Travel bragging: Self-indulgence or artist’s date?

Wassily Kandinsky

People who regale others with tales of their travels are one of my pet peeves. In part, sheer jealousy’s to blame. My budget doesn’t allow for gallivanting around the globe, and folks who brag about their various excursions strike me as insensitive to those of us in their captive audiences who may have less discretionary income.

Besides, too much travel bores me. As an author and artist, I’m much happier creating new work of my own than engaging in passive appreciation of others’ creations at museums and galleries, and lounging around in bars or on beaches just doesn’t do it for me. And is taking a break from daily routine truly restorative? For me, it wreaks havoc with my natural rhythm, and I often need a day of recuperation before getting back into my normal groove. On the other hand, “artist’s dates,” as Julia Cameron calls them, can help replenish our creative wells.

Nonetheless, this past week I went AWOL from my blog and treated myself to a few days of self-indulgence right here in New York and New England. In part because of looming deadlines, I took four trips in four days – skiing on Monday and Wednesday, New York City on Tuesday and Thursday. I had coupons for free lift tickets I’d picked up at the Warren Miller extreme skiing movie before Christmas, and the one for Windham expired on January 15th, so I drove southwest into the Catskills on Monday, blasting my recently acquired reissues of the Beatles’ Rubber Soul and Revolver all the way down and back.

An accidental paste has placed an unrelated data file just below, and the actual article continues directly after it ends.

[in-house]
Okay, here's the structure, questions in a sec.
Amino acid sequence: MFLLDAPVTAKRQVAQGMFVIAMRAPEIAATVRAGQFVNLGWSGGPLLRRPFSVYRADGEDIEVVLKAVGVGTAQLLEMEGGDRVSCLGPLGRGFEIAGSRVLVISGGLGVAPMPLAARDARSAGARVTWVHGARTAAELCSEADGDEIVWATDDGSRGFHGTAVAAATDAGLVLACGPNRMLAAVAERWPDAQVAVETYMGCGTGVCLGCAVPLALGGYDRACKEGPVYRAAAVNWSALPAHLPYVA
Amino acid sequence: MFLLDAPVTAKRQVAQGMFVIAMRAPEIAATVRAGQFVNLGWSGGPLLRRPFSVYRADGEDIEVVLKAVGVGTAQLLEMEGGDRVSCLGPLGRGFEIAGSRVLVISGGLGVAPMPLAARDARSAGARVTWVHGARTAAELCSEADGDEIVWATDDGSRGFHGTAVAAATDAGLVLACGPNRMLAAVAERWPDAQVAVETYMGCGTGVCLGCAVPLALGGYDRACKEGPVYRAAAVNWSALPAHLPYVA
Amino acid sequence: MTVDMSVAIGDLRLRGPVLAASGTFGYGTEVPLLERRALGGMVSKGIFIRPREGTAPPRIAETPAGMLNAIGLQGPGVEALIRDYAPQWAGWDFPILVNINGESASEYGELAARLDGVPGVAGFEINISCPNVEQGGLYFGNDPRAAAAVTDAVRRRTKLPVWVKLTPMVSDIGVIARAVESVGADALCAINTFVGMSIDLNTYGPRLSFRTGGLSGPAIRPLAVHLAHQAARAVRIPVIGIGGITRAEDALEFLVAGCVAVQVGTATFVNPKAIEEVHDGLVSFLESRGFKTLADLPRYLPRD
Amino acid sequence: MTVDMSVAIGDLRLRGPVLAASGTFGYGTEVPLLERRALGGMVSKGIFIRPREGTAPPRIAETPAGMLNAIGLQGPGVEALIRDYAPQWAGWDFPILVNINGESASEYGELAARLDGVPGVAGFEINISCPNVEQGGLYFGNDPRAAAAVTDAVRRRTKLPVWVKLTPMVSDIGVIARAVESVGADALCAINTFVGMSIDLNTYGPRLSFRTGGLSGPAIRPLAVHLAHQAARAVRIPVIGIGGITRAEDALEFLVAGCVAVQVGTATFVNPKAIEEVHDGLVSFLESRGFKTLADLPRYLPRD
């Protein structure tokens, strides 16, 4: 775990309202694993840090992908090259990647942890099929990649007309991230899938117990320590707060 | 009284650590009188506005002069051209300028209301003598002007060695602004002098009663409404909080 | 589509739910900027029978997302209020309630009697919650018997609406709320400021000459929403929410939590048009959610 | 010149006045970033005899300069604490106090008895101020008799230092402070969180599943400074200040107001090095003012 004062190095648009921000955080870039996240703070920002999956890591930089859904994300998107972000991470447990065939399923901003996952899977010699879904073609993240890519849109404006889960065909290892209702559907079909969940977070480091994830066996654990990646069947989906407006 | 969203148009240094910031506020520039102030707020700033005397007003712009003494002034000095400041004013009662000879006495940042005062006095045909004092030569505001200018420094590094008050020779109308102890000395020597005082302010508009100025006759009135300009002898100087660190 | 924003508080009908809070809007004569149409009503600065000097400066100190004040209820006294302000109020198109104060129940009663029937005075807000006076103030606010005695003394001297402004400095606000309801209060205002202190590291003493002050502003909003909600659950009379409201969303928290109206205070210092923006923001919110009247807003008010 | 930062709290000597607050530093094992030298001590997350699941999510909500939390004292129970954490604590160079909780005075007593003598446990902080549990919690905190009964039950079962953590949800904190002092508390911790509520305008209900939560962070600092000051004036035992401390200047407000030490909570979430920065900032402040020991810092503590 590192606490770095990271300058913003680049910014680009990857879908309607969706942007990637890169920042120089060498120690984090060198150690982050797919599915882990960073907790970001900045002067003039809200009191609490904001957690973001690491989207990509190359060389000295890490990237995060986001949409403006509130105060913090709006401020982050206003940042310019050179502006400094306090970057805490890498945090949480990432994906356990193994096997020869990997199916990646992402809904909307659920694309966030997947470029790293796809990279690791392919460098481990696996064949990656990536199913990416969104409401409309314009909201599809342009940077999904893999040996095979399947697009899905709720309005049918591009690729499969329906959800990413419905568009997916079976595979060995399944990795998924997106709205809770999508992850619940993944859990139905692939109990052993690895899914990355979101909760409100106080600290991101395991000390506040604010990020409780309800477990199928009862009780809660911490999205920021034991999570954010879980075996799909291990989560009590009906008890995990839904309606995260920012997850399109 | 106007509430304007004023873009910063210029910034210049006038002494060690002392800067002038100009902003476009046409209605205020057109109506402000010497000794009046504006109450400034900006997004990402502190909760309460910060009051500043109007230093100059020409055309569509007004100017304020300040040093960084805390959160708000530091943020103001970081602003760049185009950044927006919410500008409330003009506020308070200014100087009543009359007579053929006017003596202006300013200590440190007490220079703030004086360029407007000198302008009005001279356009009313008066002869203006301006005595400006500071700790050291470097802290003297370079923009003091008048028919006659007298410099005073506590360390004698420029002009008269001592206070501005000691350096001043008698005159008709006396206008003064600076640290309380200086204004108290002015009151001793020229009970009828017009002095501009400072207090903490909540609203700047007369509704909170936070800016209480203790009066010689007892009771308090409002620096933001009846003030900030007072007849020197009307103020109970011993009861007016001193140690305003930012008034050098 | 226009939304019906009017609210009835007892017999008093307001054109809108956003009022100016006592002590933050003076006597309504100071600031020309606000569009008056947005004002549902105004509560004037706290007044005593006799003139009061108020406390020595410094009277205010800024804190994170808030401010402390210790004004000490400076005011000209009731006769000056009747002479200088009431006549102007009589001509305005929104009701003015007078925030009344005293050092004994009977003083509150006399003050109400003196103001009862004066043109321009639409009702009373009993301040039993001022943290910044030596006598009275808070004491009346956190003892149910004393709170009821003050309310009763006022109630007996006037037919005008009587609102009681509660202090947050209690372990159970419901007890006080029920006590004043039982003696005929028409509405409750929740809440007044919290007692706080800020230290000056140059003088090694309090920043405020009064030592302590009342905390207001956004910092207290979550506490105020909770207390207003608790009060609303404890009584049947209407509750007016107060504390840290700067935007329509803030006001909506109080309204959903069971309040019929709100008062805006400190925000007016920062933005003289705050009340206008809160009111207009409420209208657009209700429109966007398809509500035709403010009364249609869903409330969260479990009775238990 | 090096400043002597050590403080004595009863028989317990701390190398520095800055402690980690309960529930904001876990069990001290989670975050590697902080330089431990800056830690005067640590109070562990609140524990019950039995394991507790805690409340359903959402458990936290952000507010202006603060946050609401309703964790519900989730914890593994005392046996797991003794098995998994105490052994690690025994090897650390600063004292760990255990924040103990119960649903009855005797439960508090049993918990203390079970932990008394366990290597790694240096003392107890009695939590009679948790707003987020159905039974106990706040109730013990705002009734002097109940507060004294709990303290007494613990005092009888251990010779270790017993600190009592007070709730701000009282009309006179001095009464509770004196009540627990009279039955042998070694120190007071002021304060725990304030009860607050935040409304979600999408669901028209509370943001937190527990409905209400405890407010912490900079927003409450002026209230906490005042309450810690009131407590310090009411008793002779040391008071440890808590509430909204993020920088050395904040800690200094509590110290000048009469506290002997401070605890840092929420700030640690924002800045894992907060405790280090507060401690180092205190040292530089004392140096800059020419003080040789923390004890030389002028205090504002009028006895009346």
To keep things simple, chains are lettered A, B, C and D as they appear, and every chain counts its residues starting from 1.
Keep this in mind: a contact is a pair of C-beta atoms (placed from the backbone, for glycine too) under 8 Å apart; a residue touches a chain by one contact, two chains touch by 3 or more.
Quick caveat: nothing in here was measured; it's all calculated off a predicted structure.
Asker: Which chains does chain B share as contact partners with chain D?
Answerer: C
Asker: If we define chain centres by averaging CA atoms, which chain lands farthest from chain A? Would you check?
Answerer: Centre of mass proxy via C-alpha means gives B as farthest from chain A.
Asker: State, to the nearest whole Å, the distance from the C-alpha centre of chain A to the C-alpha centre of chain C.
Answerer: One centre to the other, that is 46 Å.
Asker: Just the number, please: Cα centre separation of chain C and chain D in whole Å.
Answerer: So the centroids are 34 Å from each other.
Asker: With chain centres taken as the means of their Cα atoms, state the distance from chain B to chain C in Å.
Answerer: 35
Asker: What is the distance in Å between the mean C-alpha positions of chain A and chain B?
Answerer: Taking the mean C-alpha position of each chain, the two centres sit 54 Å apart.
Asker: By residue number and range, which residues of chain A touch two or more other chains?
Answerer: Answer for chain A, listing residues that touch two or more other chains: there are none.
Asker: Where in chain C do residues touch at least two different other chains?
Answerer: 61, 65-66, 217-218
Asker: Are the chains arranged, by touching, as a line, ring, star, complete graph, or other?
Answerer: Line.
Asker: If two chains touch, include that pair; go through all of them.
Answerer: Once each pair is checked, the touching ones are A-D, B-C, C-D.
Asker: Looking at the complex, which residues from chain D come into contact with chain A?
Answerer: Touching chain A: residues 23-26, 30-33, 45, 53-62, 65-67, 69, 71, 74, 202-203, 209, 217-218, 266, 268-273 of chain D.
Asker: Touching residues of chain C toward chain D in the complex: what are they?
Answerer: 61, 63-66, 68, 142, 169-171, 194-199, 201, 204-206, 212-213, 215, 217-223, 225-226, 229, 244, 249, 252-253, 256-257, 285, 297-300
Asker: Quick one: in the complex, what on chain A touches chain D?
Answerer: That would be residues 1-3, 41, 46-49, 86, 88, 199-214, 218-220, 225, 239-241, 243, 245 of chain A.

Tuesday I caught the 7am double-decker Megabus to New York City and spent five hours at the Guggenheim, taking in the Kandinsky retrospective the day before it closed. Trudging repeatedly up and down Frank Lloyd Wright’s ramp, I found I’d come through Monday’s exertions on the mountain in surprisingly good shape. Wednesday meant another 7am bus, this one to Stratton Mountain in southern Vermont with the Out of Control Ski Club to take advantage of another freebie. The view from the mountain top was magnificent, and I shared a memorable gondola ride with six men, whom I regaled with my ideas for a short story or perhaps a scene in my next novel featuring a gondola murder. They came up with some pretty good plot twists of their own. Then there was the aging ski instructor in the bar . . . but that’s fodder for another post.

Thursday’s jaunt was triggered by the need to visit my 80-year-old brother in the Bronx, plus my husband’s decision to attend a college reunion party in SoHo, our old Lower Manhattan neighborhood. Since we fled the city in 1979, the area has turned into an overpriced luxury mall with endless designer boutiques and trendy restaurants. But the Broome Street Bar where we had our second and more significant “cute meet” remains essentially unchanged since 1973. Oops, I sense another post coming on . . .